And think about that presumption of innocence. In the USA you are “presumed innocent until proven guilty.”. Note the use of the word “until” which carries the implication that you WILL be proven guilty. The word should be “unless.”. But in most cases you will be found guilty because most people think “they wouldn’t have charged him if he didn’t do it.”

Just how did I end up in prison at the age of 60 with a 32 1/2 year sentence? I’d had my studio in Radford, Virginia since the end of the 1970s. I had been working for Shutterbug magazine for years, first in the 70s as a columnist, then as Technical Editor, and in 1991 I became Editor in Chief, and held that position until I “retired” in 2001, staying on as Editor At Large. Actually, “retired” was a euphemism for ” forced out in a palace coup.”. I first had my studio in Radford starting in 1981, when I took over an existing business that was studio/photo shop. I had been working for Gentry Studios in Blacksburg. Gentry also had a location in Radford and had decided to close it. I took the risk and took it over. At first I made hardly any money there, but in time it picked up and by the time Shutterbug offered me the Editor’s job it was doing well enough that I was able to sell the business. We were living on a small farm at the time, so we sold the farm and bought a house in Radford. (Oddly enough, we sold the farm back to the man we’d bought it from fifteen years earlier. It was his wife’s old home place and she was homesick for it.)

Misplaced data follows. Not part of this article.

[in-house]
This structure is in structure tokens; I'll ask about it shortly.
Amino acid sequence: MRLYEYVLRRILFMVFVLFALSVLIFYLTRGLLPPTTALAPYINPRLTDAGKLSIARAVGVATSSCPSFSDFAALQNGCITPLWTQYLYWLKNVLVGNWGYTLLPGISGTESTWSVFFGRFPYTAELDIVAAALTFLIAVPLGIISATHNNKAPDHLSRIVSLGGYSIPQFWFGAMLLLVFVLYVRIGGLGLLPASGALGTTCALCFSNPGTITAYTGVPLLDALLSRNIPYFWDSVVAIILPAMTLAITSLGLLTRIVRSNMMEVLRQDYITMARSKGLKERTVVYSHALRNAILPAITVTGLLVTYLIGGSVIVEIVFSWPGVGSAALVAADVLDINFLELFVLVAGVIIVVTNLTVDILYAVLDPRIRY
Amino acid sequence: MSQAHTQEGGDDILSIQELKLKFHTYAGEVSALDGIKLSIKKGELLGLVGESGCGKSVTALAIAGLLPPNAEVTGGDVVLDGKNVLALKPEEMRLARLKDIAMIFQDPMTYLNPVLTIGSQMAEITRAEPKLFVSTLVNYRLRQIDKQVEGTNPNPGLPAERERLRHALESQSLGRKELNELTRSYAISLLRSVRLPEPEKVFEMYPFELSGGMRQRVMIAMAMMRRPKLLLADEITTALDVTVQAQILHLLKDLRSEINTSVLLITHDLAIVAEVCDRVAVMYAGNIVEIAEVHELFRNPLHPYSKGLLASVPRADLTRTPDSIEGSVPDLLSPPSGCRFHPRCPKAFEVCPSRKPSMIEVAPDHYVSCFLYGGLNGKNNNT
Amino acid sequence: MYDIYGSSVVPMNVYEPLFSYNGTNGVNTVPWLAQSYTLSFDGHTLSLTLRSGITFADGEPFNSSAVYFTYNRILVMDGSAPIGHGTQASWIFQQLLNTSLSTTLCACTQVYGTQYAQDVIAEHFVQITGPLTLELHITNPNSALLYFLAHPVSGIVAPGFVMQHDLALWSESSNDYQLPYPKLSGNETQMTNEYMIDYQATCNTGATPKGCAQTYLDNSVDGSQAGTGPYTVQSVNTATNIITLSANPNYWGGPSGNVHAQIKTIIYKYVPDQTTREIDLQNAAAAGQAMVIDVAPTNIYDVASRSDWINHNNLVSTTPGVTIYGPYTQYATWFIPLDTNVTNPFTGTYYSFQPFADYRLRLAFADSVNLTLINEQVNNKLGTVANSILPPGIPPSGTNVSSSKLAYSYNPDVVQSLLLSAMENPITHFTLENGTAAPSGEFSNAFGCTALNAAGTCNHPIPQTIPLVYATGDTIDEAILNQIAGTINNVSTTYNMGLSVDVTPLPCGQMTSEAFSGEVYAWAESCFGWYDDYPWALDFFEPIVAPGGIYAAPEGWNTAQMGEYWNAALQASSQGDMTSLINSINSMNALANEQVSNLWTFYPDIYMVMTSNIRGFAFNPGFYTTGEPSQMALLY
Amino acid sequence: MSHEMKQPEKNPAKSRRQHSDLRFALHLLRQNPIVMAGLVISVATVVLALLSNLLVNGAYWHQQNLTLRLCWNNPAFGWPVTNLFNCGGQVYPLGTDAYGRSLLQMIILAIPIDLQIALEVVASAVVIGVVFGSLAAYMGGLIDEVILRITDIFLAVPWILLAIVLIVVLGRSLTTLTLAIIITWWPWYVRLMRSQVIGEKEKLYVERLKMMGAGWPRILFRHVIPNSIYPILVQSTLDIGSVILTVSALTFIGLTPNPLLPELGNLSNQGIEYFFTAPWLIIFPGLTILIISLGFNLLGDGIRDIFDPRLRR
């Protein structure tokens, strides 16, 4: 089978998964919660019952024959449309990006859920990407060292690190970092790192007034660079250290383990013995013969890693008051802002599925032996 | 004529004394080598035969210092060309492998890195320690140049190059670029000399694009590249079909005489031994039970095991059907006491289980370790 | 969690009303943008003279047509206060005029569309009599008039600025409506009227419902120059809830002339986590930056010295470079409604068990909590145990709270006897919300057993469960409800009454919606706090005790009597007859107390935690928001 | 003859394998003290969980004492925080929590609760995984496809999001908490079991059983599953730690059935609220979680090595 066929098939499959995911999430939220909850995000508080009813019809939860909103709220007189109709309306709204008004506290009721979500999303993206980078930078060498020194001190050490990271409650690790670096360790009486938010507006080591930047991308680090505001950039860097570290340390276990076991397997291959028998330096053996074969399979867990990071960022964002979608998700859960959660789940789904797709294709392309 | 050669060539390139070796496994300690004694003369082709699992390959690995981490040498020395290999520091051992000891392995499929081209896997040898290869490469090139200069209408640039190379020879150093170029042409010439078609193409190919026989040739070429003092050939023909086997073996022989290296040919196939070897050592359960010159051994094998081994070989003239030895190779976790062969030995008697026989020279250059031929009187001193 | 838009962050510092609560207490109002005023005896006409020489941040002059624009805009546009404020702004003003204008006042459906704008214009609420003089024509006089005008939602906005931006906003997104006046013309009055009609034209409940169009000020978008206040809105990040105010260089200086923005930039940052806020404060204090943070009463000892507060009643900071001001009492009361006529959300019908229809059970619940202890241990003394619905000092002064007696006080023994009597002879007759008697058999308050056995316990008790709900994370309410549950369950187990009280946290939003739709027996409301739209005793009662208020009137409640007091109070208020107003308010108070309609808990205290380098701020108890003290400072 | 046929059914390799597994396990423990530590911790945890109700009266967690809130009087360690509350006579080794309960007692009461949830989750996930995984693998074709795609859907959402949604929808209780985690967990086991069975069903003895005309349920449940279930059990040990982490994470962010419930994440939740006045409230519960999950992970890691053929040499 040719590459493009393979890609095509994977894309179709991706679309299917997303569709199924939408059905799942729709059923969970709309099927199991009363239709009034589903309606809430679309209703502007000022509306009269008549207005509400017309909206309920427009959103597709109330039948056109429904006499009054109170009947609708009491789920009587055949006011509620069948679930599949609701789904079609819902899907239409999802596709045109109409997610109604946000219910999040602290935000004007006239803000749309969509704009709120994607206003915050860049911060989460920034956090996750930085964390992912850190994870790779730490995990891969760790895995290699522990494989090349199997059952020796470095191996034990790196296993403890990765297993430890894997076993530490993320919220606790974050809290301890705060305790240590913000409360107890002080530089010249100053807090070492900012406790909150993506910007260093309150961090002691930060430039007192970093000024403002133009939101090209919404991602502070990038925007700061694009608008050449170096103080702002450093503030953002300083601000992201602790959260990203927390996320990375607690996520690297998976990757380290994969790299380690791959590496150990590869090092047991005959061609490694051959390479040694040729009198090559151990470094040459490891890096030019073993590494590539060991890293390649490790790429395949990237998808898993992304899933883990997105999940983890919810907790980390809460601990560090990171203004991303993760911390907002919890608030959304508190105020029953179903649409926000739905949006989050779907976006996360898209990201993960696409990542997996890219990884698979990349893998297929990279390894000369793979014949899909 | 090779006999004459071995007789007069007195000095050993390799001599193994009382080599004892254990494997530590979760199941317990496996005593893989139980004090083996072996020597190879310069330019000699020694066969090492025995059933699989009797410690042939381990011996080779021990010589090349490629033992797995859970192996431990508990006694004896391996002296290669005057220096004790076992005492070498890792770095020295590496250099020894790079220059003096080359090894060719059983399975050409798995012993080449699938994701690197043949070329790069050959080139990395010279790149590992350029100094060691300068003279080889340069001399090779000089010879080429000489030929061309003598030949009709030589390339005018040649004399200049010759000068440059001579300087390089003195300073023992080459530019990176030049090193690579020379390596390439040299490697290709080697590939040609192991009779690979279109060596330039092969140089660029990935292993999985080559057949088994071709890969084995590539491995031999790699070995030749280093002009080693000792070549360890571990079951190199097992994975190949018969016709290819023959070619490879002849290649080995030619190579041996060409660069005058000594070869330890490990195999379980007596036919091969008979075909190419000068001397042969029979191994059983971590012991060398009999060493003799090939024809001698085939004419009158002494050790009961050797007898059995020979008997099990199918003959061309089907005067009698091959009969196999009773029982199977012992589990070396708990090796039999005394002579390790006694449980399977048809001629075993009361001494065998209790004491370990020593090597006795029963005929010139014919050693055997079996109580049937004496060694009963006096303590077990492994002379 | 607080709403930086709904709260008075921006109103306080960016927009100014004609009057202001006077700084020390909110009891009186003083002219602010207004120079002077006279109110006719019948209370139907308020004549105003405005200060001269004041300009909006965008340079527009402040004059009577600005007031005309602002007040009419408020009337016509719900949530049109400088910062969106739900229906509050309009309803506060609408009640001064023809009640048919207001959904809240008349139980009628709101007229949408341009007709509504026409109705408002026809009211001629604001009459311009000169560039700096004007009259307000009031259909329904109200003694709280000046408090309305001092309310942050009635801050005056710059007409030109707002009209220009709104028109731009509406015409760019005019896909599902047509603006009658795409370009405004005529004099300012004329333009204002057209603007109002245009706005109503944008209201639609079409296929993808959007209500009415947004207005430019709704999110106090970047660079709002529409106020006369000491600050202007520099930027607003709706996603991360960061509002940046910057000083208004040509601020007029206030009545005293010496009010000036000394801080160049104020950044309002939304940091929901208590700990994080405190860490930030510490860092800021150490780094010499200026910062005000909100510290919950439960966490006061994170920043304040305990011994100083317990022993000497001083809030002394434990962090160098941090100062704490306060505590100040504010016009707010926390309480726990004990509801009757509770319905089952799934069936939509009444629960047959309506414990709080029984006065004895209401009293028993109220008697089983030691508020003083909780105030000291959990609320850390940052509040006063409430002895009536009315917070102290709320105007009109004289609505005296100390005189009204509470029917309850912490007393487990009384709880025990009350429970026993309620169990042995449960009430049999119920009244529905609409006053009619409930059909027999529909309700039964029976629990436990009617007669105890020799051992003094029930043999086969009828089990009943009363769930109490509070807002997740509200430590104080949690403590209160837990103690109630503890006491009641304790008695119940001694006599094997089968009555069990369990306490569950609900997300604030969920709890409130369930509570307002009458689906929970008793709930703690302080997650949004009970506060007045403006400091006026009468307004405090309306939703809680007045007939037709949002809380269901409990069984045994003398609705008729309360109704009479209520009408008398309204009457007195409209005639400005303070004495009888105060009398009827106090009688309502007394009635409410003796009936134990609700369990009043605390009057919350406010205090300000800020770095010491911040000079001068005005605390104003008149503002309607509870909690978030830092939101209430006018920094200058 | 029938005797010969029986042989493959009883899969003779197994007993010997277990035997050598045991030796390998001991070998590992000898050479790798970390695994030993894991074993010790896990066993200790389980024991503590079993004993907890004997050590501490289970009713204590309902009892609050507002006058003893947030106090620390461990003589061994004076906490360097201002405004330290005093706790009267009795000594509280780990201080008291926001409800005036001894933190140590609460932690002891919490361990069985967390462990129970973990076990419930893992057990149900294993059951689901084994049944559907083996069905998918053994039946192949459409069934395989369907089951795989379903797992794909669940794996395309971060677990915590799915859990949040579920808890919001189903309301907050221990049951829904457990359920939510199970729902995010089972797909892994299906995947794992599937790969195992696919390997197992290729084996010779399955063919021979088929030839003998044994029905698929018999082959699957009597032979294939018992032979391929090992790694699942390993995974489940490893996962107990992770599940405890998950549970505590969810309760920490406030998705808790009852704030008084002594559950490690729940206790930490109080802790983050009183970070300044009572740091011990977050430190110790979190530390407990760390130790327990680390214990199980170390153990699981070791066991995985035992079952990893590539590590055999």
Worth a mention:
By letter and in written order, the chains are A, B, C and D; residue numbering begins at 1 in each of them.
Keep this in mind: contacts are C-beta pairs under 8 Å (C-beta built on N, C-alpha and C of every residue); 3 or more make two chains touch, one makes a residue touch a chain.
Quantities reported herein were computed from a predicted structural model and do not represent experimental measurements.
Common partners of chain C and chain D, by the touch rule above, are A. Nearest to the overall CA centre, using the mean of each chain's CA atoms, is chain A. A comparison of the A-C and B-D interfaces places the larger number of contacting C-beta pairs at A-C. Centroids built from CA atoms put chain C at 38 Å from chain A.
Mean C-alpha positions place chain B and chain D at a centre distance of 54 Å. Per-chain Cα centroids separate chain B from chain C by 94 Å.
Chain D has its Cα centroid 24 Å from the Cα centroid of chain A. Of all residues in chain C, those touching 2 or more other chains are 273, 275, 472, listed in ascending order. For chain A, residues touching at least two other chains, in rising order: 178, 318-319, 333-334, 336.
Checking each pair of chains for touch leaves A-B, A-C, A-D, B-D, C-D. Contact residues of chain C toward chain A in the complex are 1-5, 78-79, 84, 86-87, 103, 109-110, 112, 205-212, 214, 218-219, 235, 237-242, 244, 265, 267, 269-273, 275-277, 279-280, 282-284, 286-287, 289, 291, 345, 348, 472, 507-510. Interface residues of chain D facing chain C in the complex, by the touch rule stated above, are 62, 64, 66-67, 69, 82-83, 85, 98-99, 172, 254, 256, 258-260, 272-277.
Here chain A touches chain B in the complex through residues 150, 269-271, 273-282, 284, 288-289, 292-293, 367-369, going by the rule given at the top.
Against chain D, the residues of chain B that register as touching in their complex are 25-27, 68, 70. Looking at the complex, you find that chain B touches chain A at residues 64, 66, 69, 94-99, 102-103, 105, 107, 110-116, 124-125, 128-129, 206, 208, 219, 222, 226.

My original Radford studio was in downtown just a block off main street. Once I was living in town, I went looking for a new studio and found it at 239 West Main Street, just a couple of blocks from the police station.

Let me make something clear, during all those years I worked for Patch Communications, publisher of Shutterbug, PhotoPRO, Outdoor and Nature Photography, and other magazines I was never an employee. My company, Bob Shell Ltd., contracted with Patch for my services. This arrangement allowed me to work from my home office and set my own hours, for a flat monthly fee. It saved Patch money, too, since they didn’t have to provide me benefits. I took care of my own medical insurance and dealt with the IRS myself. I valued my freedom and my right to take time off whenever I wanted without being tied down to an office.